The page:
Condit Dam reservoir's behavior murky after breach

Officials still surprised at how fast lake drained

By Kathie Durbin, Columbian staff writer

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One day after the breaching of Condit Dam, the former reservoir behind the dam continued to offer a fascinating case study in how quickly an altered landscape can revert to its original form.

Since Wednesday, when explosives opened a tunnel in the 98-year-old dam through which the reservoir drained in little more than an hour, sediment has continued to slough off the sides of the reservoir and also has built back up in places.

“We have a couple of logs that have placed themselves upstream of the tunnel,” said Todd Olson, decommissioning project manager for the dam’s owner, Portland-based PacifiCorp. “That is starting to slow the sediment down a little. But water and sediment is still moving through the tunnel — a very large amount of sediment.”

In the event of a log jam in the tunnel itself, general contractor JR Merit Inc. of Vancouver has a plan, Olson said: “They are prepared to use the cables extending across the river. They would be rigged with a grapple to pull out any problem logs.”

Much more sediment will be unleashed next May, when two coffer dams built to reroute the White Salmon River during the dam’s construction are removed. Large quantities of sediment have built up behind those dams.

PacifiCorp officials and their contractors are still trying to figure out why the reservoir emptied so rapidly — in just over an hour, instead of in the six hours the company had predicted.

“There was a lot of uncertainty in that estimate,” said PacifiCorp construction manager Tom Hickey. Among the unknowns were how much woody debris had piled up behind the dam and the river’s flow at the time of breaching.

“The tunnel sides didn’t change, as best we could see,” Hickey said. “There wasn’t any excessive fracturing. It was beneficial to the river to get it moving as fast as we could.”

Though they don’t have a precise measurement, officials think water flowed from the dam to the river’s mouth at a rate of 10,000 to 11,000 cubic feet per second — about what they had predicted.

Among the next tasks for the utility will be assessing the bed of the Columbia River downstream from the mouth of the White Salmon for navigational purposes, required by the U.S. Army Corps of Engineers, and studying the current profile of the former reservoir.

Those studies will compare planners’ conceptual visions with the post-dam reality and also help PacifiCorp come up with a final grading plan for the restored White Salmon.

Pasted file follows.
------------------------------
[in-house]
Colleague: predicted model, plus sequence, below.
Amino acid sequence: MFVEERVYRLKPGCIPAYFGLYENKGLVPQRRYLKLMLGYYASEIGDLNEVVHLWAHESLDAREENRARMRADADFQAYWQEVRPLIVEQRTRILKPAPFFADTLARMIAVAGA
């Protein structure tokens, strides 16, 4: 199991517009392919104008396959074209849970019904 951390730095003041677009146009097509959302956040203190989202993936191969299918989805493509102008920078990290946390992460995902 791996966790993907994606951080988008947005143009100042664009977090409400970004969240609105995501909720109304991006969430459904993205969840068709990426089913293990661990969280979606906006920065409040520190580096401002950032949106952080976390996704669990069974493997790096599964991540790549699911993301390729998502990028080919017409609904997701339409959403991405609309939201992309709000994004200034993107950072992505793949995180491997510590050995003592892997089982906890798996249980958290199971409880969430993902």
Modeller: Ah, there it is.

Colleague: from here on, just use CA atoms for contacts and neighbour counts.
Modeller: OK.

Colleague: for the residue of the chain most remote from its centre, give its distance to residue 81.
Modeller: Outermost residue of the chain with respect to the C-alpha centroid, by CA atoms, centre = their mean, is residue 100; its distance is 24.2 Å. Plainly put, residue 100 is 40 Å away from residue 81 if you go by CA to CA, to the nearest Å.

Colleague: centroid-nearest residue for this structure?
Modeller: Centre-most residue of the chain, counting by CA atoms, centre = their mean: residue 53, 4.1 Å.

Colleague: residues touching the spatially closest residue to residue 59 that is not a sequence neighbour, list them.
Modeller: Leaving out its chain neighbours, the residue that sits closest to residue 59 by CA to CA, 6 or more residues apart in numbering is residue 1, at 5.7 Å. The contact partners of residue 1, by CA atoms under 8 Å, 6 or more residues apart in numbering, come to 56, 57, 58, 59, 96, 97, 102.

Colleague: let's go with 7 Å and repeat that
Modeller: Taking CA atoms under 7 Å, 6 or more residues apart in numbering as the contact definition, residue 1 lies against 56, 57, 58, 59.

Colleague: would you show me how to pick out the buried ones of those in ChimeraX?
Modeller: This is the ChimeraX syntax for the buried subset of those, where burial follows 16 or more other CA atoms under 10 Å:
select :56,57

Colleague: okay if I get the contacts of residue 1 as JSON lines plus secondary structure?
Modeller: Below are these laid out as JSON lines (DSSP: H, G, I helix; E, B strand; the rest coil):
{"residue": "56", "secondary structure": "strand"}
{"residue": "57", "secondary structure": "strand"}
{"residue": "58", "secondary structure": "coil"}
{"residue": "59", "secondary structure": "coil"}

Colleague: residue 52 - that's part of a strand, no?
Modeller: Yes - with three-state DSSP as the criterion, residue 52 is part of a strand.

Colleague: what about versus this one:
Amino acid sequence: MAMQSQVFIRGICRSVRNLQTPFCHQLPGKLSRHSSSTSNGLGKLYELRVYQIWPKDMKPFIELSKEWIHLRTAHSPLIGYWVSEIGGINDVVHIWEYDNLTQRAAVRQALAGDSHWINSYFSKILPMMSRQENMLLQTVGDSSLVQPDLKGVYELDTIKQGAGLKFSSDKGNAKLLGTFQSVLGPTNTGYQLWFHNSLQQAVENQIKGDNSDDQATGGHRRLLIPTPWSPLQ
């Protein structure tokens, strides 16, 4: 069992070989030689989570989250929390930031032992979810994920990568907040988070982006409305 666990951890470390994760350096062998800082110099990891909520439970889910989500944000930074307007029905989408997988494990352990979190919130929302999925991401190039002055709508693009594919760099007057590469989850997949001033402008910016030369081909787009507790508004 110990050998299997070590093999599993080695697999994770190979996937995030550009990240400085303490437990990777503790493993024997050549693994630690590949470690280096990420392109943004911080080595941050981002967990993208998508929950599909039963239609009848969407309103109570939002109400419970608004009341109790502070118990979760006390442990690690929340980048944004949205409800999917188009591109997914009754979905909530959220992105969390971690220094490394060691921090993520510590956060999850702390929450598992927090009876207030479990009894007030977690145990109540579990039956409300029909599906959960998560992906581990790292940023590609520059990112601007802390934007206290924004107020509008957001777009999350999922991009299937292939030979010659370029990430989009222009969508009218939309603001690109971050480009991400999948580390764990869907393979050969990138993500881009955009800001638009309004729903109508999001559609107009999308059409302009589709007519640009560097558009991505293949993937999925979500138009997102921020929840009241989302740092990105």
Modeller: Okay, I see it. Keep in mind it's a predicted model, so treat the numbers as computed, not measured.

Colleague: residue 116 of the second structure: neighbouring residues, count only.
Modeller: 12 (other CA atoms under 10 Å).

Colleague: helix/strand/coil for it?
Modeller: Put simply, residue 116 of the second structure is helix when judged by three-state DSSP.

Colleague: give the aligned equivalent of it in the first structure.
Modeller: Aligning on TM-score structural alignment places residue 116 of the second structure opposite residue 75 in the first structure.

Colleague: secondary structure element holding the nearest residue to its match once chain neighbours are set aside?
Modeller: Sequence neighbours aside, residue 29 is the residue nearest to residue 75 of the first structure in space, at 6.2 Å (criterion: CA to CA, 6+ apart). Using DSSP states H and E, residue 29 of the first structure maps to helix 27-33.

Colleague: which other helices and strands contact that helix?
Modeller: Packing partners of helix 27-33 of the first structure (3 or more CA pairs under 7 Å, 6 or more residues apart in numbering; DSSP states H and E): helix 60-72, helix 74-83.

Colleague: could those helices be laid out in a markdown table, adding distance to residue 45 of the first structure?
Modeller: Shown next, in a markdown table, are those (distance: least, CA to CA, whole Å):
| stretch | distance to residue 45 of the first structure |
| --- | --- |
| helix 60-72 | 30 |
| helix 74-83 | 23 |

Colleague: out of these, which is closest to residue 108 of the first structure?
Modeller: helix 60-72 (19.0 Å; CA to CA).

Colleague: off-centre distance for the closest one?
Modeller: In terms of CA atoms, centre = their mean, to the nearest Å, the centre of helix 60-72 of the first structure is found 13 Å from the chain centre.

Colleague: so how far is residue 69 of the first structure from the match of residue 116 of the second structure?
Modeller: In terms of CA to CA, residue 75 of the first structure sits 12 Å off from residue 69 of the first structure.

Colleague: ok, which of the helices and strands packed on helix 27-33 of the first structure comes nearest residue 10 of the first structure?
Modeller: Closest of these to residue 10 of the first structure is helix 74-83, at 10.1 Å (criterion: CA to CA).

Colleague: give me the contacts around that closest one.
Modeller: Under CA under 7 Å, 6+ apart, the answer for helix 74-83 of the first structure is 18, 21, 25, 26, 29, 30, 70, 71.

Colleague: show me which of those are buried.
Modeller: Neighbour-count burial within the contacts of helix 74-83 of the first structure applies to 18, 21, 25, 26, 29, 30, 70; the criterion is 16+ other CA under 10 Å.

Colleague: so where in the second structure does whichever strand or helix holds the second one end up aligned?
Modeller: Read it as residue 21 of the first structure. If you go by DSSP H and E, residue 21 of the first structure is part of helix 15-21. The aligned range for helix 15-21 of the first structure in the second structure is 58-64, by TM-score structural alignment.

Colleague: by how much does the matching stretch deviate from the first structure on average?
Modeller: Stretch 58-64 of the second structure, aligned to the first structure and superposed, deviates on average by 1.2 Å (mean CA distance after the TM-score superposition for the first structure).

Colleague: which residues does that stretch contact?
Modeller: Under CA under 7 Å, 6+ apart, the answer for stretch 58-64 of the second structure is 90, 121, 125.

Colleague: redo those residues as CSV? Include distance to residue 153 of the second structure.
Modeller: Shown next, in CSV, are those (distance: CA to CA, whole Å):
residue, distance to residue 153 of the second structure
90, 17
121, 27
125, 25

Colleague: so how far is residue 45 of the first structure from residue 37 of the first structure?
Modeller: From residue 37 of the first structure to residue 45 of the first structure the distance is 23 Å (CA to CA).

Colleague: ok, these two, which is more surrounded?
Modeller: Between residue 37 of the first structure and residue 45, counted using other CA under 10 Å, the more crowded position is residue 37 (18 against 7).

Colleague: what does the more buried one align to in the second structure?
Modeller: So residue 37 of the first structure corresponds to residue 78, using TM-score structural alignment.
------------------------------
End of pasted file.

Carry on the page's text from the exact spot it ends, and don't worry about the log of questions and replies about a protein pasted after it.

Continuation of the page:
Olson said he was pleased with the way the day unfolded according to plan, from morning safety briefings to the explosion that opened the tunnel at the base of the dam shortly after noon to the surge of water and sediment that flowed downstream to the Columbia.

“We were going to do this not on a time schedule but on a progress of action schedule,” he said.

Rod Engle, the U.S. Fish and Wildlife Service biologist who led the effort to move 679 tule fall chinook salmon from the lower river to above the dam before the breaching, was still reflecting Thursday on the speed and power of the river’s unleashing.

“I have been looking at footage all day,” he said from his Vancouver office. “I’m still trying to process it.”

Engle said he was most surprised by how many cut logs emerged from the reservoir sediment and by how fast the reservoir drained.

“I wish I could be out there every day to see it all,” he said wistfully. “This first year, there are going to be so many changes.”

As for the progeny of the rescued salmon, “Those fish are in the bank,” Engle said. “They are not impacted by this. It makes me very proud of our working group and the decision they made” to transport the threatened salmon upstream to their native waters to spawn rather than breed them in a hatchery.

“Hopefully, all of them spawned,” he said. “The progeny of those fish are up there.”

The salmon fry won’t emerge from their eggs until mid-March. In the meantime, Engle said, the heaviest winter rains in the area typically occur between December and February. “That’s when the bulk of sediment should move. After yesterday, I have to think that most of that sediment has moved out already. I really hope that those fish will have safe passage.”

Kathie Durbin: 360-735-4523; http://www.twitter.com/col_politics; kathie.durbin@columbian.com.